Once-weekly dulaglutide versus once-daily liraglutide in metformin-treated patients with type 2 diabetes (AWARD-6): a randomised, open-label, phase 3, non-inferiority trial.

First published in The Lancet on 2014 Oct
JLancet. 2014 Oct 11;384(9951):1349-57. doi: 10.1016/S0140-6736(14)60976-4. Epub 2014 Jul 10

Authors: Dungan KM, Povedano ST, Forst T, González JG, Atisso C, Sealls W, Fahrbach JL

Abstract

Background:

Dulaglutide and liraglutide, both glucagon-like peptide-1 (GLP-1) receptor agonists, improve glycaemic control and reduce weight in patients with type 2 diabetes. In a head-to-head trial, we compared the safety and efficacy of once-weekly dulaglutide with that of once-daily liraglutide in metformin-treated patients with uncontrolled type 2 diabetes.

Method:

We did a phase 3, randomised, open-label, parallel-group study at 62 sites in nine countries between June 20, 2012, and Nov 25, 2013. Patients with inadequately controlled type 2 diabetes receiving metformin (≥1500 mg/day), aged 18 years or older, with glycated haemoglobin (HbA1c) 7·0% or greater (≥53 mmol/mol) and 10·0% or lower (≤86 mmol/mol), and body-mass index 45 kg/m(2) or lower were randomly assigned to receive once-weekly dulaglutide (1·5 mg) or once-daily liraglutide (1·8 mg). Randomisation was done according to a computer-generated random sequence with an interactive voice response system. Participants and investigators were not masked to treatment allocation. The primary outcome was non-inferiority (margin 0·4%) of dulaglutide compared with liraglutide for change in HbA1c (least-squares mean change from baseline) at 26 weeks. Safety data were collected for a further 4 weeks‘ follow-up. Analysis was by intention to treat. This study is registered with ClinicalTrials.gov, number NCT01624259.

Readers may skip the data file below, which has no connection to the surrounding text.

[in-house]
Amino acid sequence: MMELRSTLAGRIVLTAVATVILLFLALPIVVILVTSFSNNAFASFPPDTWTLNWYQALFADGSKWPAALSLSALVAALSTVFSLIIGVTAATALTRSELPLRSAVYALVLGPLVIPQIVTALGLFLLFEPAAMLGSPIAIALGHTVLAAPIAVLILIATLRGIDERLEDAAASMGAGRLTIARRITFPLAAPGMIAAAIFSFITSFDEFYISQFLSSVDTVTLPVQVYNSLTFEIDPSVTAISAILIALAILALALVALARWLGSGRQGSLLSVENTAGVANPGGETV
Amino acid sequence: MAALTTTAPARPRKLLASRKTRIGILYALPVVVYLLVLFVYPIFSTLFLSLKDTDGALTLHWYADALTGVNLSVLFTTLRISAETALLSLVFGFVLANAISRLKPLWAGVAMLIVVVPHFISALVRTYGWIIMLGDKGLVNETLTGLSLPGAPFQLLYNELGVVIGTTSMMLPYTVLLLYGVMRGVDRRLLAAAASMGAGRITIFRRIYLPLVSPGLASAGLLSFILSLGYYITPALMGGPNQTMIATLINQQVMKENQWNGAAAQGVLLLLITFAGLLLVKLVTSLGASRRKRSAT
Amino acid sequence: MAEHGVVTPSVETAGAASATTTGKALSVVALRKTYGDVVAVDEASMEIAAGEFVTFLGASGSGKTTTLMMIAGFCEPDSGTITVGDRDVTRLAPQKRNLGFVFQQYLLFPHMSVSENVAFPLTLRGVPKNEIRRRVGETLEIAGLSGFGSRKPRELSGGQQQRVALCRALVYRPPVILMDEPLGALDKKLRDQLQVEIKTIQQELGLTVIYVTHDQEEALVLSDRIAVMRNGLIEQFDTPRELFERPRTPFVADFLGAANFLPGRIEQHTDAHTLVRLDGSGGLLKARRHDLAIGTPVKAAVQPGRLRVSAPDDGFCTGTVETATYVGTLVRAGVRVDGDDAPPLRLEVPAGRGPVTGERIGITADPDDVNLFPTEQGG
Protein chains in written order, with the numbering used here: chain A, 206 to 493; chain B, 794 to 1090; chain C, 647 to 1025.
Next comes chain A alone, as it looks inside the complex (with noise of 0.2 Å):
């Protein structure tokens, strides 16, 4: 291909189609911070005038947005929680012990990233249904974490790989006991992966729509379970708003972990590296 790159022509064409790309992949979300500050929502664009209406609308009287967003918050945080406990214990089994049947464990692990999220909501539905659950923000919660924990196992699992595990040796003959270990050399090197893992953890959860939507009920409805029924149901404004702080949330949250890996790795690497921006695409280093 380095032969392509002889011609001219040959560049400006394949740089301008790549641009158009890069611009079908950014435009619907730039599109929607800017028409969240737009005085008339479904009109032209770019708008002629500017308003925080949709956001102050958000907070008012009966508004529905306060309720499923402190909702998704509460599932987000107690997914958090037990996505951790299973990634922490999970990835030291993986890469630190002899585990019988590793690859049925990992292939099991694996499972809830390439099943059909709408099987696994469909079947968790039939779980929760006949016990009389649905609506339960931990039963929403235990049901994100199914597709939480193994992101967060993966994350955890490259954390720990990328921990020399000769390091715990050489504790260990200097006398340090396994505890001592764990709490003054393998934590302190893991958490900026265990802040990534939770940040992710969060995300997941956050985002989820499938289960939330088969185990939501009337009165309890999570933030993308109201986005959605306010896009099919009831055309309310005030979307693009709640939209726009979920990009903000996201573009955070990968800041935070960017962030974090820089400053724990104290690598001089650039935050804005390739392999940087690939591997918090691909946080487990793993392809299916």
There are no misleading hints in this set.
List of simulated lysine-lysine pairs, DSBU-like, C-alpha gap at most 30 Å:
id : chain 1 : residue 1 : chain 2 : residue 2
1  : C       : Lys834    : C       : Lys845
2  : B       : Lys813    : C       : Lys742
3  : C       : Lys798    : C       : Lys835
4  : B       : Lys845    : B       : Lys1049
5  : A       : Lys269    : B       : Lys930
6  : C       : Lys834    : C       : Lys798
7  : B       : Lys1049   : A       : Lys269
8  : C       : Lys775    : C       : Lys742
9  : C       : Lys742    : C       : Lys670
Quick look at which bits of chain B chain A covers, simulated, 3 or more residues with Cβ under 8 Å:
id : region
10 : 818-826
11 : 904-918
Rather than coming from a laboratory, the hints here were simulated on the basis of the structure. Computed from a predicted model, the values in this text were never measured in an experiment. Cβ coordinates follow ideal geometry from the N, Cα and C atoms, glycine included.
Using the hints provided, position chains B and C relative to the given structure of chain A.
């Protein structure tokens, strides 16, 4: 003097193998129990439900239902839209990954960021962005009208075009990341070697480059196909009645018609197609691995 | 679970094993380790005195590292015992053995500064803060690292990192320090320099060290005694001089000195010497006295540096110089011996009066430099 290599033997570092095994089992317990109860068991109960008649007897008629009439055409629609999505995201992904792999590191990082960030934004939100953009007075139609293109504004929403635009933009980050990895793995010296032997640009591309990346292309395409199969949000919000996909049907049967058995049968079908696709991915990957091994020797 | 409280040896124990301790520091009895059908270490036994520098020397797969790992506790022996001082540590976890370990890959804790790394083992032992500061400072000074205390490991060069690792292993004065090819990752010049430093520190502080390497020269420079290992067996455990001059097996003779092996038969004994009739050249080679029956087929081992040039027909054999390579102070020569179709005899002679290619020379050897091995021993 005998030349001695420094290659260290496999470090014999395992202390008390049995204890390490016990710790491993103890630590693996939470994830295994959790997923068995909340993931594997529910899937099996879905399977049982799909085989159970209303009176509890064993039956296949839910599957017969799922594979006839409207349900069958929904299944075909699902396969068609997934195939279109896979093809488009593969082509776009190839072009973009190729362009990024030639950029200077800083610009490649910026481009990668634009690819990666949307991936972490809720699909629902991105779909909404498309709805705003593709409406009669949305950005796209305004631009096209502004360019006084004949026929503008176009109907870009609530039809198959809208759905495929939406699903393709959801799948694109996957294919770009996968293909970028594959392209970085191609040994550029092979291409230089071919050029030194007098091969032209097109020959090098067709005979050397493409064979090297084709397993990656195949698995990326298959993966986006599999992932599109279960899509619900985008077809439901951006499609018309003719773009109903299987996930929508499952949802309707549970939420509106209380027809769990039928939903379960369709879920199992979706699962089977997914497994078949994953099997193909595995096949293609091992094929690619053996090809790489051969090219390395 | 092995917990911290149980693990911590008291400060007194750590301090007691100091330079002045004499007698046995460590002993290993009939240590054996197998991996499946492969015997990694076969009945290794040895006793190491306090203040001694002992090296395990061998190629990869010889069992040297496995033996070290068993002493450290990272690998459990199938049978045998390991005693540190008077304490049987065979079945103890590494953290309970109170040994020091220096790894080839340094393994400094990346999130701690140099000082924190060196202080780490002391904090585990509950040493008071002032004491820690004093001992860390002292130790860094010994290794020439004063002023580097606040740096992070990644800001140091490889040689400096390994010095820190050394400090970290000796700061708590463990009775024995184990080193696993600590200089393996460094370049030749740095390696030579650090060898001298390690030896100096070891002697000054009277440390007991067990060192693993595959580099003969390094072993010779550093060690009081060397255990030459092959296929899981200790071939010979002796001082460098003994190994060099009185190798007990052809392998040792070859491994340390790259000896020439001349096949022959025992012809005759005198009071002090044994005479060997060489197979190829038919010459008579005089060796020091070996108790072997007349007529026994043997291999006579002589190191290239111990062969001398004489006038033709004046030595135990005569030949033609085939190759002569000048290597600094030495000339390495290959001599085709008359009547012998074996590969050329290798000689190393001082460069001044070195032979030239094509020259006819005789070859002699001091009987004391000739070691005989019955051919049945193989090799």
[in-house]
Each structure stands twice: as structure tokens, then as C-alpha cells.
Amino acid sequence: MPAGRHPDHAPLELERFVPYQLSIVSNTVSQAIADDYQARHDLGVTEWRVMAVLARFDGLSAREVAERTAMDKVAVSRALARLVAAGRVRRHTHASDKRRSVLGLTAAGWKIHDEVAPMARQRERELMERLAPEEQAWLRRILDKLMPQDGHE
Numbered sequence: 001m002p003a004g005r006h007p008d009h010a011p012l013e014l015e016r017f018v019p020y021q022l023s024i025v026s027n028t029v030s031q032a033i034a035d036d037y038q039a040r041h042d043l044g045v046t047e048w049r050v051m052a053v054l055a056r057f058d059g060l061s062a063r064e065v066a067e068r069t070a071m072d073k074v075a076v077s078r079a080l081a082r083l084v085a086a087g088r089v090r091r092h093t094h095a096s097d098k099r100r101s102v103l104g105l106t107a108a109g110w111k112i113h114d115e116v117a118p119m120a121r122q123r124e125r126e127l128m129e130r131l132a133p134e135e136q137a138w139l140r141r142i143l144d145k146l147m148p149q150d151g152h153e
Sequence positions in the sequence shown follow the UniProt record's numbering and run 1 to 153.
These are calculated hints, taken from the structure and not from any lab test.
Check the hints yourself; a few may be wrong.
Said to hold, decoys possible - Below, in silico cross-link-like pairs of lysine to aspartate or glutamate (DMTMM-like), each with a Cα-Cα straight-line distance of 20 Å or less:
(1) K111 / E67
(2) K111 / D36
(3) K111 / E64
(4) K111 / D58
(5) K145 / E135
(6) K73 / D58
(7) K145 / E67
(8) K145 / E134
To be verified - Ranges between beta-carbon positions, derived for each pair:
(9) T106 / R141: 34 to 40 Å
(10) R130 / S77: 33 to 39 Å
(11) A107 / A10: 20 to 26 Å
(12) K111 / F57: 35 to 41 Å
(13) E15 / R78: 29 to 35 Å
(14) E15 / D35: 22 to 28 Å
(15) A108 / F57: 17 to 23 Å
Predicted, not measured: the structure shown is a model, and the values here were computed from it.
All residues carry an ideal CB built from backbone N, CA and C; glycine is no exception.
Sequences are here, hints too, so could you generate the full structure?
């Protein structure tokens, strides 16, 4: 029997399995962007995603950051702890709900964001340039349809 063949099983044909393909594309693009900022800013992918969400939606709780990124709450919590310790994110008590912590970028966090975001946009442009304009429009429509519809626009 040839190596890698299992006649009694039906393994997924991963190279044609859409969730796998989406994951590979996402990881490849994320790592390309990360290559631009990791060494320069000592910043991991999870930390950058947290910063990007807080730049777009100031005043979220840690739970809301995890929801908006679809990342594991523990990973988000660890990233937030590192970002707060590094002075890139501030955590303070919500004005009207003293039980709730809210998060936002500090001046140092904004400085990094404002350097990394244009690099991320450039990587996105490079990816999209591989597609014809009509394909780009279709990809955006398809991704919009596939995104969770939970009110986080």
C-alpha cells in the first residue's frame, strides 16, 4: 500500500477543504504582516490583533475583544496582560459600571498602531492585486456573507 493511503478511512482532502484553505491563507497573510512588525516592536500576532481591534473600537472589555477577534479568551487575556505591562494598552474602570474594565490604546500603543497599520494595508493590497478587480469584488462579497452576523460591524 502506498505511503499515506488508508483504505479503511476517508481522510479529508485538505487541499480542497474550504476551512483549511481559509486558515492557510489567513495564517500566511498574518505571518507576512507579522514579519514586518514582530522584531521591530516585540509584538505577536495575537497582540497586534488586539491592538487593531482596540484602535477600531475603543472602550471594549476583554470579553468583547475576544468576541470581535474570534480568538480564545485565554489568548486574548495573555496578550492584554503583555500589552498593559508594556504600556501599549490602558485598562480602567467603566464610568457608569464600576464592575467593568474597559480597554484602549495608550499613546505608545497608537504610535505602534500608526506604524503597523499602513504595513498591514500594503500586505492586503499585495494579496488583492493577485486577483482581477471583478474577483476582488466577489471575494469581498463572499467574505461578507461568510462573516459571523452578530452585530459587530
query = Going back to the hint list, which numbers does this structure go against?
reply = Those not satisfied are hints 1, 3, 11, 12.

Findings:

We randomly assigned 599 patients to receive once-weekly dulaglutide (299 patients) or once-daily liraglutide (300 patients). 269 participants in each group completed treatment at week 26. Least-squares mean reduction in HbA1c was -1·42% (SE 0·05) in the dulaglutide group and -1·36% (0·05) in the liraglutide group. Mean treatment difference in HbA1c was -0·06% (95% CI -0·19 to 0·07, pnon-inferiority<0·0001) between the two groups. The most common gastrointestinal adverse events were nausea (61 [20%] in dulaglutide group vs 54 [18%] in liraglutide group), diarrhoea (36 [12%] vs 36 [12%]), dyspepsia (24 [8%] vs 18 [6%]), and vomiting (21 [7%] vs 25 [8%]), with similar rates of study or study drug discontinuation because of adverse events between the two groups (18 [6%] in each group). The hypoglycaemia rate was 0·34 (SE 1·44) and 0·52 (3·01) events per patient per year, respectively, and no severe hypoglycaemia was reported.

Interpretation:

In summary, large volume and thigh injections are rated more Once-weekly dulaglutide is non-inferior to once-daily liraglutide for least-squares mean reduction in HbA1c, with a similar safety and tolerability profile.

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